The same objections have been made to the definition of the kilogramme, at first considered as the mass of a cubic decimetre of water at 4 deg. C., as to the first definition of the metre. We must admire the incredible precision attained at the outset by the physicists who made the initial determinations, but we know at the present day that the kilogramme they constructed is slightly too heavy (by about 1/25,000). Very remarkable researches have been carried out with regard to this determination by the International Bureau, and by MM. Mace de Lepinay and Buisson. The law of the 11th July 1903 has definitely regularized the custom which physicists had adopted some years before; and the standard of mass, the legal prototype of the metrical system, is now the international kilogramme sanctioned by the Conference of Weights and Measures.
The comparison of a mass with the standard is effected with a precision to which no other measurement can attain. Metrology vouches for the hundredth of a milligramme in a kilogramme; that is to say, that it estimates the hundred-millionth part of the magnitude studied.
We may—as in the case of the lengths—ask ourselves whether this already admirable precision can be surpassed; and progress would seem likely to be slow, for difficulties singularly increase when we get to such small quantities. But it is permitted to hope that the physicists of the future will do still better than those of to-day; and perhaps we may catch a glimpse of the time when we shall begin to observe that the standard, which is constructed from a heavy metal, namely, iridium-platinum, itself obeys an apparently general law, and little by little loses some particles of its mass by emanation.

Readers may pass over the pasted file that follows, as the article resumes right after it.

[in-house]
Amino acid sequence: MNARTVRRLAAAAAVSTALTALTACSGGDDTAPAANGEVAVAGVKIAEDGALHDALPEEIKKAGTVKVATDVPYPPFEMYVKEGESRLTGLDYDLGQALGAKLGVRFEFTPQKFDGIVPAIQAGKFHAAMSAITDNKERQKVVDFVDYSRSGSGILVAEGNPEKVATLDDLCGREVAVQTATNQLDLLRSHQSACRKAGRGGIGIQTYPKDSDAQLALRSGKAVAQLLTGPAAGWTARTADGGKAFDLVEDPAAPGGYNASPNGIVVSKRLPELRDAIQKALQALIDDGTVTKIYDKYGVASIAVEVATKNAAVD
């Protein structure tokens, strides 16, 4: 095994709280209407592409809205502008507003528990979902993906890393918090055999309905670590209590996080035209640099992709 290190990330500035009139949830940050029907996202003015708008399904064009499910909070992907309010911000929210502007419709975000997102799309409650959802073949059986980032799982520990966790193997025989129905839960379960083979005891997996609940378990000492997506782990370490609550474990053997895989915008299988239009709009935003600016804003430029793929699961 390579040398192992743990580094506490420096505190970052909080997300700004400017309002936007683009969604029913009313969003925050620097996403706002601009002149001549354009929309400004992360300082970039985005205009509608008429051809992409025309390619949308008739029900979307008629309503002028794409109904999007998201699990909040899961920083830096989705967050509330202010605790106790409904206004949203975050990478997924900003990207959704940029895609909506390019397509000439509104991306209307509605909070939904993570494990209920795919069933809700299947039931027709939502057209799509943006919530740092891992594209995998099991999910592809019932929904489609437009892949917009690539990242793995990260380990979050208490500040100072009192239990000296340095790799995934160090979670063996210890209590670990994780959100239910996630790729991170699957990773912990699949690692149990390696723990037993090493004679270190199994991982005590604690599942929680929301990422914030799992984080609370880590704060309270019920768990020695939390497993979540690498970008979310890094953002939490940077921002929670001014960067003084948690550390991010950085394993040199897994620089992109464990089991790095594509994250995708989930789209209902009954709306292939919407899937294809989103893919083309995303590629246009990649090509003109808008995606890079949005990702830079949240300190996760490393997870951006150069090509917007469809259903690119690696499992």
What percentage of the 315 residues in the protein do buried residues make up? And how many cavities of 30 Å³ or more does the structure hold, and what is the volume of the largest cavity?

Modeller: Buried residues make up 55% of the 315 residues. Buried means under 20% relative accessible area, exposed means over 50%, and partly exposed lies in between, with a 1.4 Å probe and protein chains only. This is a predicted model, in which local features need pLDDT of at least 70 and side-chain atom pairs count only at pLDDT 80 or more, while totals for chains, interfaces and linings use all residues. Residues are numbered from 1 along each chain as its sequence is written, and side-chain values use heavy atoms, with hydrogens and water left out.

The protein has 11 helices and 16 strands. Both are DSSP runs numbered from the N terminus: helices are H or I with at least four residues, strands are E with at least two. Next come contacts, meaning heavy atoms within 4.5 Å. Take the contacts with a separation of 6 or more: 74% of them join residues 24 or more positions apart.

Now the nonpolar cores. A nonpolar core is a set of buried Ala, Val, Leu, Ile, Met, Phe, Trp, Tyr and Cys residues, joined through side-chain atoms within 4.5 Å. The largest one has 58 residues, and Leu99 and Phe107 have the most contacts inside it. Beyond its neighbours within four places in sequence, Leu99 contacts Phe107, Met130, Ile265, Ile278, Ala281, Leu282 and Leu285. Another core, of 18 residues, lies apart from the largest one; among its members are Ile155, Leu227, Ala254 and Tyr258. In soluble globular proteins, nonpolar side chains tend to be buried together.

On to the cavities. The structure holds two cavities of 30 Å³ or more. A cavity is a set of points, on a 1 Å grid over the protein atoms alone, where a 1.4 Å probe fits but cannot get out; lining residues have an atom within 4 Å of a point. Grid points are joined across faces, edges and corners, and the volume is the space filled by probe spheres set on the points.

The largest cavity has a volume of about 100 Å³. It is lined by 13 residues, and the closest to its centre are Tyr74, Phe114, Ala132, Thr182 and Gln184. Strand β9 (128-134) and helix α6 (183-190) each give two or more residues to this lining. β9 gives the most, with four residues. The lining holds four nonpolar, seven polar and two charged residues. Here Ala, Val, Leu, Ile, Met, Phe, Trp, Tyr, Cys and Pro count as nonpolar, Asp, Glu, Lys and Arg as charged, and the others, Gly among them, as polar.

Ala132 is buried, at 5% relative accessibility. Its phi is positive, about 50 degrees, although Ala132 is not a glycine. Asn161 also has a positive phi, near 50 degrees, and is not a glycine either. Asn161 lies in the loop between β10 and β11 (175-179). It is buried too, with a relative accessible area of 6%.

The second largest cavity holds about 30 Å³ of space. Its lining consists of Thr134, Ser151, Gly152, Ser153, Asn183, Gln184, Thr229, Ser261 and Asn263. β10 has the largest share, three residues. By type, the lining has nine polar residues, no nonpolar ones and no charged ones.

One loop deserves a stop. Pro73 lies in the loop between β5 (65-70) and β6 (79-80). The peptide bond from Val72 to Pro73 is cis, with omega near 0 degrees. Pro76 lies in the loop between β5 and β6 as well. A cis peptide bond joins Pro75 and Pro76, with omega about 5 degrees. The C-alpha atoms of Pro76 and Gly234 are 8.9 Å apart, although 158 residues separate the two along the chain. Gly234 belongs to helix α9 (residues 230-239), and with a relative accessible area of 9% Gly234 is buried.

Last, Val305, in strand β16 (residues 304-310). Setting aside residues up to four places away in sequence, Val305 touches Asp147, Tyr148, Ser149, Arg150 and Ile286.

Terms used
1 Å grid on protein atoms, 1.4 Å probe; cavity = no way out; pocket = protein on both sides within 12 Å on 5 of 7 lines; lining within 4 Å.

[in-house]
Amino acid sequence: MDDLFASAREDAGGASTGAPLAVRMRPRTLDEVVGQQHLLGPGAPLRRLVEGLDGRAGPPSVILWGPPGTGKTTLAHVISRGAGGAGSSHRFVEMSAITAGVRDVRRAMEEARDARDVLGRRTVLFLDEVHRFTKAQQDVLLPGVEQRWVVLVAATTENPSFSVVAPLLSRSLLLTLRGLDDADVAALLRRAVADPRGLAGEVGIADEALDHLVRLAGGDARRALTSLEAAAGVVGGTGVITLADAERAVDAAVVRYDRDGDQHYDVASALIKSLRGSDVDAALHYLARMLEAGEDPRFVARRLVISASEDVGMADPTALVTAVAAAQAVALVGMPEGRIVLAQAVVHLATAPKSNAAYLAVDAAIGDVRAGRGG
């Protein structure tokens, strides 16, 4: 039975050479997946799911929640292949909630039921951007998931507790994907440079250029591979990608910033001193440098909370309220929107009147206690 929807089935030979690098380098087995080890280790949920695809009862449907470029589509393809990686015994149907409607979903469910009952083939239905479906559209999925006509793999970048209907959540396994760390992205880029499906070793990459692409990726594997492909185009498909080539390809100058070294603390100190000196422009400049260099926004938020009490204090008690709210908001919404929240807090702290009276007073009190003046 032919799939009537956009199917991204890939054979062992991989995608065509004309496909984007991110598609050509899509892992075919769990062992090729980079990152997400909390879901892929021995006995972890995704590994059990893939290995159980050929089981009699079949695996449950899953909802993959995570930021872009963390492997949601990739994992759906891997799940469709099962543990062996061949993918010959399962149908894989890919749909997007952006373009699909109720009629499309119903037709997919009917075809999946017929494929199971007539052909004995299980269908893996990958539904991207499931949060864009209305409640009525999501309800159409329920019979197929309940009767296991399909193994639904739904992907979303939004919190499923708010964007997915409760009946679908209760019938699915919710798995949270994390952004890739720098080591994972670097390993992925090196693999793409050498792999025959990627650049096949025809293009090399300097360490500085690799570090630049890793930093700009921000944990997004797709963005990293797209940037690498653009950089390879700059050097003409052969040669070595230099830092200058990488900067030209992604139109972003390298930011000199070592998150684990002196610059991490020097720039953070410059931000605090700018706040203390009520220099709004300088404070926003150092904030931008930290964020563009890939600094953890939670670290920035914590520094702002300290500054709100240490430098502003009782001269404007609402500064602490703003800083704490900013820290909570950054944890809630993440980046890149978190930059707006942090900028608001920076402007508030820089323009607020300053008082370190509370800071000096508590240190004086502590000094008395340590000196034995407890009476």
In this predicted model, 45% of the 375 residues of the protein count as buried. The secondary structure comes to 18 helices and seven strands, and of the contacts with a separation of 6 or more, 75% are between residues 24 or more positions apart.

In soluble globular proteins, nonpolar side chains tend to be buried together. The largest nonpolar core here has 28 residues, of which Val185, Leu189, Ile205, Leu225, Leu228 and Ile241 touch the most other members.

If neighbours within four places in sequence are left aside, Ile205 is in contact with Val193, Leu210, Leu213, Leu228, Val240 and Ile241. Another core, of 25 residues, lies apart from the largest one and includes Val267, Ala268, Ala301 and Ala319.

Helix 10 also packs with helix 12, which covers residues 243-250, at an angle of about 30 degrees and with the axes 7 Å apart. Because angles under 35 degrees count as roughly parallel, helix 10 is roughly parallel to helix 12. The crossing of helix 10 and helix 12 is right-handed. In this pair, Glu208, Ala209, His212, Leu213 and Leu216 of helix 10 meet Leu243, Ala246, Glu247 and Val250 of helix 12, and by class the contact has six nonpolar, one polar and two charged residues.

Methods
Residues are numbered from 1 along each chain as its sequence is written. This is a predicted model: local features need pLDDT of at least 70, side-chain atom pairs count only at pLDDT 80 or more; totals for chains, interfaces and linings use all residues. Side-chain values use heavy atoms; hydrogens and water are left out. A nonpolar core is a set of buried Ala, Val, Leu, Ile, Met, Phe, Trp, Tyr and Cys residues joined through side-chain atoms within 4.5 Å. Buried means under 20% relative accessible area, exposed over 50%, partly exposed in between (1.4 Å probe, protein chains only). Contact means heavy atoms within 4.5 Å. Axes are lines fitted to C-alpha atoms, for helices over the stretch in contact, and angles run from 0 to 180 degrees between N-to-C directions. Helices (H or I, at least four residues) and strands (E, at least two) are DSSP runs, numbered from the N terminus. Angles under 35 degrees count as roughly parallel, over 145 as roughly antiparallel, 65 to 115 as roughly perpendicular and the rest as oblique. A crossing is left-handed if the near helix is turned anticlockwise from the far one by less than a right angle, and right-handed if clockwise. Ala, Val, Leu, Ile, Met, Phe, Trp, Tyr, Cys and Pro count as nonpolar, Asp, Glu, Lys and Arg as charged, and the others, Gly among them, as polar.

The third fundamental magnitude of mechanics is time. There is, so to speak, no physical phenomenon in which the notion of time linked to the sequence of our states of consciousness does not play a considerable part.
Ancestral habits and a very early tradition have led us to preserve, as the unit of time, a unit connected with the earth’s movement; and the unit to-day adopted is, as we know, the sexagesimal second of mean time. This magnitude, thus defined by the conditions of a natural motion which may itself be modified, does not seem to offer all the guarantees desirable from the point of view of invariability. It is certain that all the friction exercised on the earth—by the tides, for instance—must slowly lengthen the duration of the day, and must influence the movement of the earth round the sun. Such influence is certainly very slight, but it nevertheless gives an unfortunately arbitrary character to the unit adopted.